Tom Hanks and a stunning cast of first-time actors from Minneapolis make a huge splash with the high seas thriller "Captain Phillips," a suspenseful retelling of the true-life hijacking the US Maersk Alabama four years back. The film is no doubt hampered by the fact that it was a widely-reported incident -- which effectively takes away the element of surprise -- but director Paul Greengrass ("United 93") still manages to ratchet up the tension for most of the film's 134-minute runtime.
Based on the real Phillips' 2010 memoir "A Captain's Duty," Hanks is great as always as the title character in "Captain Phillips," a veteran ship captain whose container vessel is overtaken during by four Somali pirates during a run through the horn of Africa in 2009. Doing his best to outsmart the pirates to protect the ship's 20-person crew, Phillips ends up being kidnapped by the pirates, who try to use the Maersk Alabama's lifeboat as a means of escape in their return to Somalia.
Hanks, of course, is the only name star in "Captain Phillips," but nearly stealing the show from him is Barkhad Abdi as the lead pirate Abduwali Muse. Abdi brings a tense performance of nervous unpredictability to the role, giving off the feeling that he's been acting for years. Not to be over-shadowed, though, is Abdi's co-star Faysal Ahmed, who is just as if not more frightening as the second-in-command on the mission -- who has much shorter of a fuse than the leader he reluctantly takes orders from.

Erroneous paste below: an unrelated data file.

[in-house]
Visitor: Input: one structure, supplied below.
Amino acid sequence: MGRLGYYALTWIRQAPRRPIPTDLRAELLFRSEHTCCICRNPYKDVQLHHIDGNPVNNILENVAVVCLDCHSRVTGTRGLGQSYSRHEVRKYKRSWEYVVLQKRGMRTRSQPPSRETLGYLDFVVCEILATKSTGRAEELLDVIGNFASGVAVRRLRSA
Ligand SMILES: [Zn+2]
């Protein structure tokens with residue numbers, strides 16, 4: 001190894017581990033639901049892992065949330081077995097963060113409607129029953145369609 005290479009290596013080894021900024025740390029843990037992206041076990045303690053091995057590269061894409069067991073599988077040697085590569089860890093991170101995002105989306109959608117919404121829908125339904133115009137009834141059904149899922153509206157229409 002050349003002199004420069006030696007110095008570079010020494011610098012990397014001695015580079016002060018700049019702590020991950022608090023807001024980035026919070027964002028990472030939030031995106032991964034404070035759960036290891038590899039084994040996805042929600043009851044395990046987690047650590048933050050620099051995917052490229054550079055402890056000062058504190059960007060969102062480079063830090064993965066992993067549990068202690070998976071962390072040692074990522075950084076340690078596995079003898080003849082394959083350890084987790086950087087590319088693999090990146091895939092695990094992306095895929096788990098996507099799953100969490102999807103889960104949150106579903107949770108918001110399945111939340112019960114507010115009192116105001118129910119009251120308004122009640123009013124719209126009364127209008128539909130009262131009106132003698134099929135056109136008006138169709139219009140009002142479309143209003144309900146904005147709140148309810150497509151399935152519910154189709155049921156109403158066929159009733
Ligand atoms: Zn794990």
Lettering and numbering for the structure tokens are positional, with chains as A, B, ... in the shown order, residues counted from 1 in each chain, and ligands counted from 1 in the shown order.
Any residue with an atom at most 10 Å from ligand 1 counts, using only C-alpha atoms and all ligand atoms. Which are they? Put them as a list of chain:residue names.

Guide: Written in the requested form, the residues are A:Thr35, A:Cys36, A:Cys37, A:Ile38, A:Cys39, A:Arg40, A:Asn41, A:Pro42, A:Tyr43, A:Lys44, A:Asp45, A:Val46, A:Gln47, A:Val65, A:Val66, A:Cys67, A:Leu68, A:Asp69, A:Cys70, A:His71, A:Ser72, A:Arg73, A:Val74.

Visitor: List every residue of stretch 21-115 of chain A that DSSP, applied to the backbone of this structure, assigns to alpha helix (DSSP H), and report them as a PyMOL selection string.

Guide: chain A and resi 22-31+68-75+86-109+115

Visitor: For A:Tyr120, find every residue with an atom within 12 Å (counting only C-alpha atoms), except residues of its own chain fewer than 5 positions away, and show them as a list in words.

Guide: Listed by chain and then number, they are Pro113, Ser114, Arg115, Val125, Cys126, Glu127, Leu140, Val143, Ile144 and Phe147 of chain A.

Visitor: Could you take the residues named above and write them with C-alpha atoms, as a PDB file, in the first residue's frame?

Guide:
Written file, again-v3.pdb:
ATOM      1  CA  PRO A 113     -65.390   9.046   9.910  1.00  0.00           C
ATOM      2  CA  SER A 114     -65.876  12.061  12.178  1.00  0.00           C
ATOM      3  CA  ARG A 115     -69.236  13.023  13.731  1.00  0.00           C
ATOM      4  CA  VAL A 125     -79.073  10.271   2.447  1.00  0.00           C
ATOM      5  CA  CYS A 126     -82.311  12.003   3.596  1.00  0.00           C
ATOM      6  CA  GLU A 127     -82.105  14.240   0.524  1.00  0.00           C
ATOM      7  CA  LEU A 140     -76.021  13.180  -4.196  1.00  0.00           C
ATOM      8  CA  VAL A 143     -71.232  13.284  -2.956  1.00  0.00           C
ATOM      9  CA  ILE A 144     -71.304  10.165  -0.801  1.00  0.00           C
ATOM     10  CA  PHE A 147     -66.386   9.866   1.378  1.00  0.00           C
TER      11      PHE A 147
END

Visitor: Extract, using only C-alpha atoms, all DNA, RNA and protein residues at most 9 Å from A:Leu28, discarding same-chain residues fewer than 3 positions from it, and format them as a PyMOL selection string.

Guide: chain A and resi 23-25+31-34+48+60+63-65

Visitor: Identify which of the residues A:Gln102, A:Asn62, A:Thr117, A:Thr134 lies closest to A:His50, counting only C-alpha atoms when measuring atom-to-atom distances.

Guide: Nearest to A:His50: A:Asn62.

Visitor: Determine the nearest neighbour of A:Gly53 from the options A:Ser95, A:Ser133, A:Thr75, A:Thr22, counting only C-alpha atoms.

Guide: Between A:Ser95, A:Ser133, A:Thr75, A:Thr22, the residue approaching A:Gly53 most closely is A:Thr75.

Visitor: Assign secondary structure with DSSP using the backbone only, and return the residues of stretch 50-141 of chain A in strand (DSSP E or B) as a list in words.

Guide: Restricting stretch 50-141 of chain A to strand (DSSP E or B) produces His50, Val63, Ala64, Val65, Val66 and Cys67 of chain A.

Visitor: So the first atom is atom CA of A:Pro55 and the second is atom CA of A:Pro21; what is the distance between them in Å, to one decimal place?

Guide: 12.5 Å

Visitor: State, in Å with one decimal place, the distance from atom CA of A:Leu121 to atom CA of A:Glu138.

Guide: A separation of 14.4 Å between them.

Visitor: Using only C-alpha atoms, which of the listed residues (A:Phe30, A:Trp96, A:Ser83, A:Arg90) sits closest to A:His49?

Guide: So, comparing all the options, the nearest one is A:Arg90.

While Greengrass sustains the intensity for most of the film, an unusually long scene featuring Hanks at the end of the film starts to dampen the impact by the time it concludes. Plus, more of a peek into what gave the pirates their absolute sense of fearlessness while literally in the face of warships and Navy SEALs during their rescue mission would have been a welcome addition. Neither of the shortcomings, though, should keep anybody away from "Captain Phillips," which will no doubt charge full-steam ahead as Awards season gets underway.
"Captain Phillips," rated PG-13, 3 stars out of 4.
What other critics are saying ...
Chris Hewitt of the Pioneer Press gives the film 3 1/2 stars out of four, saying while viewers will instantly recall the real-life events of the film, they'll "still be met by a gripping and intelligent adventure."
Bring Me The News film critic Tim Lammers is a member of the Broadcast Film Critics Association and annually votes on the Critics Choice Movie Awards. Locally, he reviews films on “KARE 11 News at 11” and WCCO Radio. As a feature writer, Tim has interviewed well over 1,000 major actors and filmmakers throughout his career and his work is syndicated nationwide.